Enabling factors
  • Capacity building and infrastructure support has been provided by partners.
  • The need to have a local bank nearby in order to reduce the cost of travelling long distance for banking.
  • Opportunity is being created for local students and youth to appreciate banking as a profession and to consider it as a career in the future.
  • Obtaining loans no longer require a laborious process with long distance travel to a major town such as Kwale or Mombasa.
  • The County Government can now channel funds more effectively and fast to the local Community Cased Organizations via KKCSA.
Lesson learned
  • Training of Trainers - Use locally built capacity to train others and replicate projects in the neighbouring communities.
  • When trainers emerge from among the community following effective capacity building campaigns, they are appreciated locally and emulated easily.
  • Knowledge learnt in various aspects of financial management and banking opens up new career possibilities for the young, which were previously obscure such as book keeping, of foreign such as Information Communication Technology (ICT).
  • Locally nurtured capacity through training of trainers is more effective because the lessons can also be conducted in the local language.
Partnership strengthens stakeholder linkages for Sustainable Growth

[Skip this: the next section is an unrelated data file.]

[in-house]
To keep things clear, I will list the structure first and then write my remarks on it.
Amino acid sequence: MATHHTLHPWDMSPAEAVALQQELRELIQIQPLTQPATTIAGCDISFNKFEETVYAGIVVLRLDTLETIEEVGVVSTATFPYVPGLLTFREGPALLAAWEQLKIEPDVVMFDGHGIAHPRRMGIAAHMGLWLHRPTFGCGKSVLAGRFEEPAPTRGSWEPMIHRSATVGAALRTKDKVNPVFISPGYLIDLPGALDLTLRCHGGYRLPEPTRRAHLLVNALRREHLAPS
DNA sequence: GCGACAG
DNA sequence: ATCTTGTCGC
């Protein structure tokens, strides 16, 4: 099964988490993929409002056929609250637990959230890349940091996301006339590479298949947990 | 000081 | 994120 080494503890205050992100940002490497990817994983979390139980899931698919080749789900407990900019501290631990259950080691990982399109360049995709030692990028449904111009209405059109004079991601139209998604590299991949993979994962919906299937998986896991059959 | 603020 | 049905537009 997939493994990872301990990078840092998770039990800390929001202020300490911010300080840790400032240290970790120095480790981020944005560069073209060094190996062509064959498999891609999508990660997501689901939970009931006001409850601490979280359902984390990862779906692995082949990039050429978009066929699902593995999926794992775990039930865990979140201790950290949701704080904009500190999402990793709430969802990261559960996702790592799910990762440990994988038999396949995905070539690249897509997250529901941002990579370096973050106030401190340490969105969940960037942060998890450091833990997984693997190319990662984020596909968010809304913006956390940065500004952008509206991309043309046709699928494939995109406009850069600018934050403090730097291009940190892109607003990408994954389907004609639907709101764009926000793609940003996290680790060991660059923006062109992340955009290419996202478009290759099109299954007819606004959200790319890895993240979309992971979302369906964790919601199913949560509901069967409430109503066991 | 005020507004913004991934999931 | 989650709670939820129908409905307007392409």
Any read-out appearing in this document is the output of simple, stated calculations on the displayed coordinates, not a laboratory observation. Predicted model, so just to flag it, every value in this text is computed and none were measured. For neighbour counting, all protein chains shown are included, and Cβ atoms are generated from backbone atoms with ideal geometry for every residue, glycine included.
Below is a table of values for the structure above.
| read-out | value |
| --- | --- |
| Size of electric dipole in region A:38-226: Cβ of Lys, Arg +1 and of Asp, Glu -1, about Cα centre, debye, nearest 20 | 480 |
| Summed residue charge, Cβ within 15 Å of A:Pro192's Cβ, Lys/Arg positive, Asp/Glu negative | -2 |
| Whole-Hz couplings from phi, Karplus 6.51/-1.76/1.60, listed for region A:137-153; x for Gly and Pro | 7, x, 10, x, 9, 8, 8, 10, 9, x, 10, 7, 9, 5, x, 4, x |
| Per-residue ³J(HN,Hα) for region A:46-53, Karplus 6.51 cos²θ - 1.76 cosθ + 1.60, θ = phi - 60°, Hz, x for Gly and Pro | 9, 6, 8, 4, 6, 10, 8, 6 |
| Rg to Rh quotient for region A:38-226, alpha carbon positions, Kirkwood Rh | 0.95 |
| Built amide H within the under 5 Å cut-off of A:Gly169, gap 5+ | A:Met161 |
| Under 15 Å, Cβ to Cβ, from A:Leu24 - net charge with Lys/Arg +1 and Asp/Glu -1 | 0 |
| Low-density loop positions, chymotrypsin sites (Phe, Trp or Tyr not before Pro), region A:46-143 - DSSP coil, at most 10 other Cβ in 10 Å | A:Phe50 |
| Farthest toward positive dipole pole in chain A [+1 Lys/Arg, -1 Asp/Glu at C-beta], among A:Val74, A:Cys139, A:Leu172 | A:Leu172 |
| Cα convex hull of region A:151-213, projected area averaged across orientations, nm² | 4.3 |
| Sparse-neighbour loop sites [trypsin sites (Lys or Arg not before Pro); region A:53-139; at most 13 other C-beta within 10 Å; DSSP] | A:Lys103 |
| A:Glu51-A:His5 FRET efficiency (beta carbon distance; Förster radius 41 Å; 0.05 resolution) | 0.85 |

Partnerships with KMFRI and other relevant county departments have enabled the proposal development by the association to be review regularly and more effectively in order to submit a clear and non-ambiguous proposal to the World Bank and other funders. Handholding by partner agencies such as KMFRI, WWF, National Bank, Base Titanium, etc. has been essential in enhancing the knowledge on tendering, procurement of construction material, furniture and equipment.

Enabling factors
  • Recognition that the project is addressing the need of the entire community.
  • Presence and participation of stakeholders from various sectors is providing effective technical knowledge and know how, as well as opening career opportunities for the youth.
  • Participation of community members in the activities of various stakeholders is creating job opportunities.

 

Lesson learned
  • Appropriate timing for engagement of the local communities is crucial for success – the day, place and time of engagement must be agreeable to all otherwise the partnership will be skewed and might appear to be imposed.